Genre, form, and the angle of narration in The Juliet Stories

by Margaret Frederickson

Questions of genre and form did come to my mind as I read The Juliet Stories, but I did not once think that books were being “favored” in the publishing world if they were linked short stories. I am just amazed that writers like Snyder, and Elizabeth Strout who won the Pulitzer for Olive Kitteredge, can pull their work together to make a unified whole that satisfies the reader at the end of the book the way a novel would.

What did not come to my mind was the question of Juliet “being” Carrie. It must be all those lessons given in high school English classes, where I needed to point out to students that Earle Birney had never pushed anyone over a cliff in the Rockies,”(see”David”). The speaker in the poem and the poet are not one and the same.

Qualifications and nuance apply, as our sophistication as readers increases. In novels, the angle of narration is perhaps the single most important choice the writer makes but even in novels where the writer uses the first person, the reader should not leap to the conclusion that the narrator and the author are one and the same.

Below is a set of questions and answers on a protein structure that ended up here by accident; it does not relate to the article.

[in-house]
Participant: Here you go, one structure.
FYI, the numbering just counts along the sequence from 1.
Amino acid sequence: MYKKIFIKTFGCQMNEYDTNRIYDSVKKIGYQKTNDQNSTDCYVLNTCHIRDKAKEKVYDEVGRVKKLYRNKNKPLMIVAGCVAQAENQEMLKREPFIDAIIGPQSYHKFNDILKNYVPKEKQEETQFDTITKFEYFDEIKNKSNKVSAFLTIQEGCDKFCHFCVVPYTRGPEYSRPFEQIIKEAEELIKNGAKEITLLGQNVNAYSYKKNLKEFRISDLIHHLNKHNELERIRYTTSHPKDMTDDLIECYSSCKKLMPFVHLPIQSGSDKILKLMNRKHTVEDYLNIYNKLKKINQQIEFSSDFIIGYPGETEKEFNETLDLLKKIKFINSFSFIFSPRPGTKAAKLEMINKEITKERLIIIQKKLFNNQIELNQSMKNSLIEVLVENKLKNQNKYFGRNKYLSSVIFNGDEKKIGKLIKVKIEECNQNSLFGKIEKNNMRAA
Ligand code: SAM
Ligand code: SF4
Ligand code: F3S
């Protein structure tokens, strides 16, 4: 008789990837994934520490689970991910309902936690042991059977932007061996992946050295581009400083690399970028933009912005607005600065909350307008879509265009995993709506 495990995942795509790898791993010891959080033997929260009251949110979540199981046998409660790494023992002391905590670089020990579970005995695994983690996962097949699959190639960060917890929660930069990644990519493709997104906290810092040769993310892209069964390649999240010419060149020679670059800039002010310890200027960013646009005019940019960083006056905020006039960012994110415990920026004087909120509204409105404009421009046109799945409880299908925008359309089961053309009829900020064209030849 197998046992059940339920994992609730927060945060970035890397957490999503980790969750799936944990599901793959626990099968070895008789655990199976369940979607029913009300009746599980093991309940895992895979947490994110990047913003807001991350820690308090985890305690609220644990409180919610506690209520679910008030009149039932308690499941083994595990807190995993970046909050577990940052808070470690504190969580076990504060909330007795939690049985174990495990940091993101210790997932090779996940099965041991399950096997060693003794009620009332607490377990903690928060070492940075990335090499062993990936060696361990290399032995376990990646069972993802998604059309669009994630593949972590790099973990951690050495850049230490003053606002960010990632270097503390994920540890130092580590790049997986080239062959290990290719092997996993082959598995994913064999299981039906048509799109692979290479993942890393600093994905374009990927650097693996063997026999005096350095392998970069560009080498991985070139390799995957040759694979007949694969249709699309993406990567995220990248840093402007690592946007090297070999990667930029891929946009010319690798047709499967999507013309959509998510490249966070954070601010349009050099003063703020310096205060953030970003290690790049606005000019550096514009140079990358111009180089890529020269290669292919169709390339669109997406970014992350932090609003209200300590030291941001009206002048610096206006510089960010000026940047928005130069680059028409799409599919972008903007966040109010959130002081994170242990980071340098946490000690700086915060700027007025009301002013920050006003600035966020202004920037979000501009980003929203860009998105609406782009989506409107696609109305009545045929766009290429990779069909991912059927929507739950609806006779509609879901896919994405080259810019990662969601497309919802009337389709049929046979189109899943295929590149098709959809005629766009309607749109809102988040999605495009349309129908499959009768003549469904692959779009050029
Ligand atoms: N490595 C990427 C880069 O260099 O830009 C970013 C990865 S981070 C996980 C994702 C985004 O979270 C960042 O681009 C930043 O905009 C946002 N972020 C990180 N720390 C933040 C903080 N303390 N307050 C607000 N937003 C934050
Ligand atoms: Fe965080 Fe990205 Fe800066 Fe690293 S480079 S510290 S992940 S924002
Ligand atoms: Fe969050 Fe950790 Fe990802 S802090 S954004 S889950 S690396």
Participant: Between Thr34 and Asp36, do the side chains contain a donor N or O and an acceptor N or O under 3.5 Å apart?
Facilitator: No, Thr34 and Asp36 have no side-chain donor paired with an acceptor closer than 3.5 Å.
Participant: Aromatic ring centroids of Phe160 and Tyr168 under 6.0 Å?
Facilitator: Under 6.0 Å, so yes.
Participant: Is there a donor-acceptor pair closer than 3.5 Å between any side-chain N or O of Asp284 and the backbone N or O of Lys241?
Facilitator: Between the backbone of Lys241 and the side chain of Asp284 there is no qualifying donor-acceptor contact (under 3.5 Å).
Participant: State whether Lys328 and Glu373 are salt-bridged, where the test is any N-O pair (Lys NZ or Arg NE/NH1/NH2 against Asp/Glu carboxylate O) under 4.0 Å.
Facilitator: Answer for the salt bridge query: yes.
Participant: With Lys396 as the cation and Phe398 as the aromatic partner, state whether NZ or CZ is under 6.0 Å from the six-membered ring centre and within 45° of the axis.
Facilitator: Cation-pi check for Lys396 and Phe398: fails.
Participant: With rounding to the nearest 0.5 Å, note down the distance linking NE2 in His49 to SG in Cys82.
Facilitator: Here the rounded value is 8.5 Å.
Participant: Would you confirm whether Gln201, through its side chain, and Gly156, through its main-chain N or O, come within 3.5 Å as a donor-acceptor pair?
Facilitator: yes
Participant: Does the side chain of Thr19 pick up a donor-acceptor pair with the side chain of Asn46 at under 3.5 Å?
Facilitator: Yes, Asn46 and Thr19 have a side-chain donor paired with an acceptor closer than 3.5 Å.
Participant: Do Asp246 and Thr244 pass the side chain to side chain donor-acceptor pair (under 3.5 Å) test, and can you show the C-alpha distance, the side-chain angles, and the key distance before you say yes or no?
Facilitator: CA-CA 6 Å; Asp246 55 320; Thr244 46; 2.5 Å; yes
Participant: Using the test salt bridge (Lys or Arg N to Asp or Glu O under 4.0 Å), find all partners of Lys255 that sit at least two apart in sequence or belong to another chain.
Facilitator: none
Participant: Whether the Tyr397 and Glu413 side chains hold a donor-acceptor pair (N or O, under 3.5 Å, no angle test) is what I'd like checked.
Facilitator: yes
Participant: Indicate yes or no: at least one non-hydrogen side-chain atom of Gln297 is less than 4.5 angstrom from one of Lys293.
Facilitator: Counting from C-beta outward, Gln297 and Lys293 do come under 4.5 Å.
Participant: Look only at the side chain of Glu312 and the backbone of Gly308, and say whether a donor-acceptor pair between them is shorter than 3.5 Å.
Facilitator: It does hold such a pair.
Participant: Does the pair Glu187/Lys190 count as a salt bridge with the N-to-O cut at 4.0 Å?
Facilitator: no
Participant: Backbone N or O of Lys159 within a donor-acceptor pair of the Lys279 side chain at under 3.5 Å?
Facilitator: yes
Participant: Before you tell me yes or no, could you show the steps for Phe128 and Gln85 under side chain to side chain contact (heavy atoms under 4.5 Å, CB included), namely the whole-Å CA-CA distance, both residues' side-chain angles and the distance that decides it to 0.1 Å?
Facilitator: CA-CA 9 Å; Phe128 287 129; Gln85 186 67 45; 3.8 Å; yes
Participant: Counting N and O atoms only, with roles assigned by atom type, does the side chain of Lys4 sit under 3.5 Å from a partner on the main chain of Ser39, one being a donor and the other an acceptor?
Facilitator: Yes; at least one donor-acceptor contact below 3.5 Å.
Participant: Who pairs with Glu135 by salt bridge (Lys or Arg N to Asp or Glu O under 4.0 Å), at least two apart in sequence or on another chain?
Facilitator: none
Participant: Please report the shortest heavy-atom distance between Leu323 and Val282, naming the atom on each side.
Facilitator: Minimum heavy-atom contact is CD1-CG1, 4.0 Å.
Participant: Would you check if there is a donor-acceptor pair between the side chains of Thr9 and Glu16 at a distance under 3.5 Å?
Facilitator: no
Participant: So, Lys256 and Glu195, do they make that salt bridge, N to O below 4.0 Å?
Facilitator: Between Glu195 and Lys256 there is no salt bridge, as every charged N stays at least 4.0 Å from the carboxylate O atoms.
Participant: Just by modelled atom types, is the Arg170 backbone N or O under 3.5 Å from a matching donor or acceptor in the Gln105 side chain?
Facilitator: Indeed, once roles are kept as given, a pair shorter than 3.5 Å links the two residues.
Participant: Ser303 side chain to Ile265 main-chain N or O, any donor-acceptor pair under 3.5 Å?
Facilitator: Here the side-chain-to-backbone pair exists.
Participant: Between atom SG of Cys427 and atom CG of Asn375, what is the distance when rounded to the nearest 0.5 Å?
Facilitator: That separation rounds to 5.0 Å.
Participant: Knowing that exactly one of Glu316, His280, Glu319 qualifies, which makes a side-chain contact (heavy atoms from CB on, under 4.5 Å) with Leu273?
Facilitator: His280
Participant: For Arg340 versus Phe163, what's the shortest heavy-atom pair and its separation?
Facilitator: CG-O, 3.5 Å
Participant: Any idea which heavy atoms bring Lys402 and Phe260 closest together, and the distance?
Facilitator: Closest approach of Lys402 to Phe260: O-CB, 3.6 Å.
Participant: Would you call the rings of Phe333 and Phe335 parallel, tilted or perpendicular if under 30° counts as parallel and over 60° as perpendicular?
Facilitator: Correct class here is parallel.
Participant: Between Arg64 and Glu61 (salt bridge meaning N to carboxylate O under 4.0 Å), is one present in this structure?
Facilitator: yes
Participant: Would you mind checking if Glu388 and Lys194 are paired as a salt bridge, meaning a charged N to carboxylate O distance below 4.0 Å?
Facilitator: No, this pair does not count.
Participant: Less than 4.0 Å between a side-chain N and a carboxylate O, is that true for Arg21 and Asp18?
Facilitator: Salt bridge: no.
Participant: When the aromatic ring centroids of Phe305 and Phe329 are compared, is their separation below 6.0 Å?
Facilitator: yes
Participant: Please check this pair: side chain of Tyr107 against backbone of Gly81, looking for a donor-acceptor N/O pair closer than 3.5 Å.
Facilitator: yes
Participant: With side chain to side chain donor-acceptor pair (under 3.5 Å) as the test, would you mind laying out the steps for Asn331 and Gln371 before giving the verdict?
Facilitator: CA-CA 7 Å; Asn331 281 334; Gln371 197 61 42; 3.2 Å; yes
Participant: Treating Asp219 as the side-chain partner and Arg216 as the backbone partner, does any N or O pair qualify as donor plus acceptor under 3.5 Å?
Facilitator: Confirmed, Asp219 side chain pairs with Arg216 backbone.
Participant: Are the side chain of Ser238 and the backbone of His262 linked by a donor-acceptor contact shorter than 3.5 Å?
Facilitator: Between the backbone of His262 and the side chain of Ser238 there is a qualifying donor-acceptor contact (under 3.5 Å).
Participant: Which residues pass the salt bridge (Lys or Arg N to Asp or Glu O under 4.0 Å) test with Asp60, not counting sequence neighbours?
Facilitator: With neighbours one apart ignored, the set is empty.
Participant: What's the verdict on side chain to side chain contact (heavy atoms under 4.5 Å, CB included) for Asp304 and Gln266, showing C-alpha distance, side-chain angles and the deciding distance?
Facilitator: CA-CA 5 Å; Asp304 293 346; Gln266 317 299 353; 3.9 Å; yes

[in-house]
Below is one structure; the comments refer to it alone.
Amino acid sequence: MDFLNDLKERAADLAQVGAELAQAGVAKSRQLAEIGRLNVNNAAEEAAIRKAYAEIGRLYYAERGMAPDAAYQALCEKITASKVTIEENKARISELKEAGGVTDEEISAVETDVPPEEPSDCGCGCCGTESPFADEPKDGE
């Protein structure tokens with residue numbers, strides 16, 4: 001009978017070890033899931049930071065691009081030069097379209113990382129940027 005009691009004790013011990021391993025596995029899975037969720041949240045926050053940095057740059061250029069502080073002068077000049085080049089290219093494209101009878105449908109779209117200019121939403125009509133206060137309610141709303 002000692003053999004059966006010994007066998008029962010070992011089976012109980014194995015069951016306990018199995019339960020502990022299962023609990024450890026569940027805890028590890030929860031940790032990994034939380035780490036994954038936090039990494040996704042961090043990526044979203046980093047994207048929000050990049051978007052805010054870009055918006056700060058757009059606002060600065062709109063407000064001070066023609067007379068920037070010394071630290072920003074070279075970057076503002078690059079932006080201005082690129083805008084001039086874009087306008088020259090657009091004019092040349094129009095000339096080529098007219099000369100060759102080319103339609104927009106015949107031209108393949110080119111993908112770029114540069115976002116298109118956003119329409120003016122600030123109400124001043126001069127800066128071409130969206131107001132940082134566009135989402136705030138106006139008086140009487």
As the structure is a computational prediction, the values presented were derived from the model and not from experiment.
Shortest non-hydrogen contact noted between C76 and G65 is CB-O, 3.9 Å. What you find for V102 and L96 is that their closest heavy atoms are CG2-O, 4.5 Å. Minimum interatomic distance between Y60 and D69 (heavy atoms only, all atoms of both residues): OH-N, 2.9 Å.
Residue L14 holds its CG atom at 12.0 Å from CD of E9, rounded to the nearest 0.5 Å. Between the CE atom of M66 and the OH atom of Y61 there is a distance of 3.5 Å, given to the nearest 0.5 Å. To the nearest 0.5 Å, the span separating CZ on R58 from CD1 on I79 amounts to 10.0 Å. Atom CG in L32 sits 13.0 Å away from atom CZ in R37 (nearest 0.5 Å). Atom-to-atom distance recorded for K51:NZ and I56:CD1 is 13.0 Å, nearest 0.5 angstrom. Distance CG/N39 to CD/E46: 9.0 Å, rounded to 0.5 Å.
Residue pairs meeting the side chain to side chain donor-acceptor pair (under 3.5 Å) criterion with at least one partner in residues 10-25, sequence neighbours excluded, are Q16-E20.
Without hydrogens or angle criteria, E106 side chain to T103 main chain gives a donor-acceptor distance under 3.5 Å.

No doubt Snyder used details and events from the time she spent in Nicaragua to create her Juliet Stories, and the drama of counter-revolution in an exotic setting may seem more exciting to a Canadian reader than the second part of the book with its emphasis on a child’s death and the resultant disruptions in a family.  But the protagonist remains steady, a fictional Juliet, growing into young motherhood. Maybe Juliet was just a bit boring at the end? Perhaps on purpose?

A line from Ken Kesey’s  One Flew Over the Cuckoo’s Nest  comes to mind : “but it ‘s the truth, even if it didn’t really happen”. As good a definition of fiction as I have ever found, out of the mouth of an unreliable narrator. It should probably apply to memoir, too, but that’s another conversation as my book-club reads Carmen Aguirre.


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One Comment

  1. Victor
    Posted October 24, 2012 at 2:11 pm | Permalink

    In-depth discussion about form & content, fiction and non.

    The Facts of the Matter

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